The Kossuth Colony Historic District, named for Lajos Kossuth, is a nationally recognized historic district bounded by Baltimore Street, Mack Avenue and Notre Dame Avenue in Dayton, Ohio. The Kossuth Colony was built in 1906 to house Hungarian immigrant workers for the Barney and Smith Car Company, a rail car manufacturer that ranked among Dayton's largest and most venerable firms. Comparatively few changes have been made to the forty houses in the colony, although the houses' white picket fences have been removed. Many houses in the district are simple gable-front residences with minimal setbacks, and asbestos siding covers many exterior walls in the district.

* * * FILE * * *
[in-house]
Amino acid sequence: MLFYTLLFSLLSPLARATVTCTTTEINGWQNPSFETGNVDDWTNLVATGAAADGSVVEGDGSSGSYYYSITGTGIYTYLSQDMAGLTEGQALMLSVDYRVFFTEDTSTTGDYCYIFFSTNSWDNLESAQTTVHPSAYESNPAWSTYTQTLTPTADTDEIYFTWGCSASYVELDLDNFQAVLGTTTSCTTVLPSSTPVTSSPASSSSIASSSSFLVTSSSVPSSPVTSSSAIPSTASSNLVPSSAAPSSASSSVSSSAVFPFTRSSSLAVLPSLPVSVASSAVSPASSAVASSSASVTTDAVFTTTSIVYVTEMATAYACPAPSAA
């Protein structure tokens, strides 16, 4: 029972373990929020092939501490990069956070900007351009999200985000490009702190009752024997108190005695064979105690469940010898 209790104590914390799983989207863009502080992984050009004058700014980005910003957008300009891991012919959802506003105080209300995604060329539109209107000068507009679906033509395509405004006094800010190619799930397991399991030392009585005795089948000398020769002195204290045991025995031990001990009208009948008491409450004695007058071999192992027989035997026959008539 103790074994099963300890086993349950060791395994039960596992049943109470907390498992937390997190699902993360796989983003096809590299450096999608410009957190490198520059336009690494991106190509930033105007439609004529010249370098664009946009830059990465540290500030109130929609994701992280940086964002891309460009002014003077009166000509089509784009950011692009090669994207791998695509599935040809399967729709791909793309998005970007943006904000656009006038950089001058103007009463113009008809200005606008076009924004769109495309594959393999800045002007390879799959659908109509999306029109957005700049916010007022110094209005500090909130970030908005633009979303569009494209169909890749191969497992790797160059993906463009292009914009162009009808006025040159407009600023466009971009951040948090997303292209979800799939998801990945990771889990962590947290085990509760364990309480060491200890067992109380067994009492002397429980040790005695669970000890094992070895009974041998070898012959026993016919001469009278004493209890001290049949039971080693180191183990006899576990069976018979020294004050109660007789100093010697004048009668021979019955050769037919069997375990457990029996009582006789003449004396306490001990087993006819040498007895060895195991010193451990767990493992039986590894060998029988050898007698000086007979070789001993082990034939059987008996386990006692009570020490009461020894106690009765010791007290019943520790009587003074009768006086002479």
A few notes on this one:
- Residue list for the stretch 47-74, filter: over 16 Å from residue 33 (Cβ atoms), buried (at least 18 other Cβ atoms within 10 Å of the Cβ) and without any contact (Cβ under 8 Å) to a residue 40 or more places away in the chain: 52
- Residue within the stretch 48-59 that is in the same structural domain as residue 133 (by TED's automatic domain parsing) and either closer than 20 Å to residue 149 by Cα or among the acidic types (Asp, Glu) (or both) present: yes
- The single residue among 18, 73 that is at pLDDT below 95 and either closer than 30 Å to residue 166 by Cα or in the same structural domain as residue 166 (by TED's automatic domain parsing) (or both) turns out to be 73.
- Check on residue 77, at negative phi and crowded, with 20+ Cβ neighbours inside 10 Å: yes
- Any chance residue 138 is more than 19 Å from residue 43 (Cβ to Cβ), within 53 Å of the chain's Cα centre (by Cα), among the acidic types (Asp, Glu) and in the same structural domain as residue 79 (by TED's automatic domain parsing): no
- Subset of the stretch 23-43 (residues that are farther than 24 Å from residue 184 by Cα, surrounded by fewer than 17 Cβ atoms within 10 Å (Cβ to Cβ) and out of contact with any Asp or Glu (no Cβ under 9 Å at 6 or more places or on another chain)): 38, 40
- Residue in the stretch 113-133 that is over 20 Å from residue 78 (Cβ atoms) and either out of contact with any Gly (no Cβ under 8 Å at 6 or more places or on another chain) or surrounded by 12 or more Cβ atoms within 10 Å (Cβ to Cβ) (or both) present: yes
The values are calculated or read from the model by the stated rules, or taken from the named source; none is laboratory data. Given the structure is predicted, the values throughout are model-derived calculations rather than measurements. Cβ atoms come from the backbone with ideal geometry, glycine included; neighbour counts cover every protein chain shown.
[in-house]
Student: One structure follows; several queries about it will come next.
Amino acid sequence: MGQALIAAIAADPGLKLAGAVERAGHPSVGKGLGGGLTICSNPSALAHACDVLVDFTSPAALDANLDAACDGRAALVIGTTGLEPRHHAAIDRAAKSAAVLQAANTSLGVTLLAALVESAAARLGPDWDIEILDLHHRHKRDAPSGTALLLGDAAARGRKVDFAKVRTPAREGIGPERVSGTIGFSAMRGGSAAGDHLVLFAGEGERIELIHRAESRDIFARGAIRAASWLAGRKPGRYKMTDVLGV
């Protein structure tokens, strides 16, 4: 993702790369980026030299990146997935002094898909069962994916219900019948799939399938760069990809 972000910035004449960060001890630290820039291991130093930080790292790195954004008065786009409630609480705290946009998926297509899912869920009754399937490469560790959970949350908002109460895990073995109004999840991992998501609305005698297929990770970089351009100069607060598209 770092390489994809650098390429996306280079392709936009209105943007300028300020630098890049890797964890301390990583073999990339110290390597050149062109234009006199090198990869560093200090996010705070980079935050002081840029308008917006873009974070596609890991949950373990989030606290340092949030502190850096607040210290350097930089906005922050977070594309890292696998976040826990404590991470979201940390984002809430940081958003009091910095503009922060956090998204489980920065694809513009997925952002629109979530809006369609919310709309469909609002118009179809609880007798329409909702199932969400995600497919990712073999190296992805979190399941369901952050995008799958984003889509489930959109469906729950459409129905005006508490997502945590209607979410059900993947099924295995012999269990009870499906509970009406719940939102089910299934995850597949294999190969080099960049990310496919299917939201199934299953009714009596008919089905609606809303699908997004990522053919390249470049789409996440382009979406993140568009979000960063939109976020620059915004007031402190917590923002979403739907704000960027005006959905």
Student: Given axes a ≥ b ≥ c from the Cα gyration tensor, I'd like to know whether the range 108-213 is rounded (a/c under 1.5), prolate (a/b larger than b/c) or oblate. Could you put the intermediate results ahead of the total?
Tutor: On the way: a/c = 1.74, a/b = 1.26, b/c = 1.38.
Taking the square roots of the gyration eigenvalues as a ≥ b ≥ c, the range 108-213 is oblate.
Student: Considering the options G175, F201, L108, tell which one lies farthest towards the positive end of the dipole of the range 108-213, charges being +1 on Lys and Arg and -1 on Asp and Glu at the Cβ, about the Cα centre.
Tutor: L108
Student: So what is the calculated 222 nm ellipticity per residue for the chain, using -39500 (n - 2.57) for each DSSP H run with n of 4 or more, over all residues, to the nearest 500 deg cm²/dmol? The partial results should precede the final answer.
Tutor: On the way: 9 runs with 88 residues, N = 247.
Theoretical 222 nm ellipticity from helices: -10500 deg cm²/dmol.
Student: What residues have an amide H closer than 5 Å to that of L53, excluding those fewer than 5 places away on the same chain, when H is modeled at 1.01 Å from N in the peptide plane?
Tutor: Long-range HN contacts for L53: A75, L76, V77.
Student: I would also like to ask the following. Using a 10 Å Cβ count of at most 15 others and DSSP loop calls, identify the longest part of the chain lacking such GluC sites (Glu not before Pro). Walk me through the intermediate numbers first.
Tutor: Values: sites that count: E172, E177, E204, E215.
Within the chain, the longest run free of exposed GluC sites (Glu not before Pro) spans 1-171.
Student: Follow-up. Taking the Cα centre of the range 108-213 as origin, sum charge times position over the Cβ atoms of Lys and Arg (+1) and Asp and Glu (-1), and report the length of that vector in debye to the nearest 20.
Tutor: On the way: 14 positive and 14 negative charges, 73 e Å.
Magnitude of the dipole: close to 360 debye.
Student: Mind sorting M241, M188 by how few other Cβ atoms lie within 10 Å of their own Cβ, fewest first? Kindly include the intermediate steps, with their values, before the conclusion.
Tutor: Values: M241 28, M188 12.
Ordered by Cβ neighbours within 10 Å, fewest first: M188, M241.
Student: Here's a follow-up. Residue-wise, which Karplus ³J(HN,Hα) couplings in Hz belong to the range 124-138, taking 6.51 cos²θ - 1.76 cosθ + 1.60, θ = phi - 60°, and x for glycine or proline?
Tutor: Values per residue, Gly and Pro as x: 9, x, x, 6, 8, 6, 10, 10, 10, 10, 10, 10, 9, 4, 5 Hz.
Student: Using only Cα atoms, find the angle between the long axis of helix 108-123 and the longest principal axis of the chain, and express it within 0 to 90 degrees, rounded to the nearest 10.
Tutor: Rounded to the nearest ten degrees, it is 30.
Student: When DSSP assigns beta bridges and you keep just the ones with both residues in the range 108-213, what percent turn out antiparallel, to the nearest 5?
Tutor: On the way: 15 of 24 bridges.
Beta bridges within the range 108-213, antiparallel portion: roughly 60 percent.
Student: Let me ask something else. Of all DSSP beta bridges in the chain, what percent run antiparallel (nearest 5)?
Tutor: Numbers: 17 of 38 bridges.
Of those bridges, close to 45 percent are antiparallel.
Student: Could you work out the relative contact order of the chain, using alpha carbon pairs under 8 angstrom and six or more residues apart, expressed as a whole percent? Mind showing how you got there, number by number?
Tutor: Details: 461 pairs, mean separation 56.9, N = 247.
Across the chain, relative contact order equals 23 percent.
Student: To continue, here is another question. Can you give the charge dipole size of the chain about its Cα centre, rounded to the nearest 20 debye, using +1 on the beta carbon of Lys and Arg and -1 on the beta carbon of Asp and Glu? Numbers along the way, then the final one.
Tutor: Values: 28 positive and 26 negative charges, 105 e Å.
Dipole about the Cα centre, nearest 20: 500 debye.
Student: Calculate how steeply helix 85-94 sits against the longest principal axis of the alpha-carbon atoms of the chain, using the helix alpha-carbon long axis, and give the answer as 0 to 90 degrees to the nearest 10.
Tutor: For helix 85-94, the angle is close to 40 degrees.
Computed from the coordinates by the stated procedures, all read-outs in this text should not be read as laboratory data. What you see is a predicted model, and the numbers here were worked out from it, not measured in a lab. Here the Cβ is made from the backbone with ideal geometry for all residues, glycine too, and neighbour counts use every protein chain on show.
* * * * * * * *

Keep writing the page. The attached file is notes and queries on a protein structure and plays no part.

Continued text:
On December 21, 1979, Kossuth Colony was added to the National Register of Historic Places; it qualified both as an important example of architecture and because of its connection to Jacob Doffee Moskowitz, the labor contractor who was responsible for bringing the Hungarians and constructing the complex. The colony has also been named a historic district by the city of Dayton; one of eighteen districts citywide, it is the only one located northeast of downtown Dayton.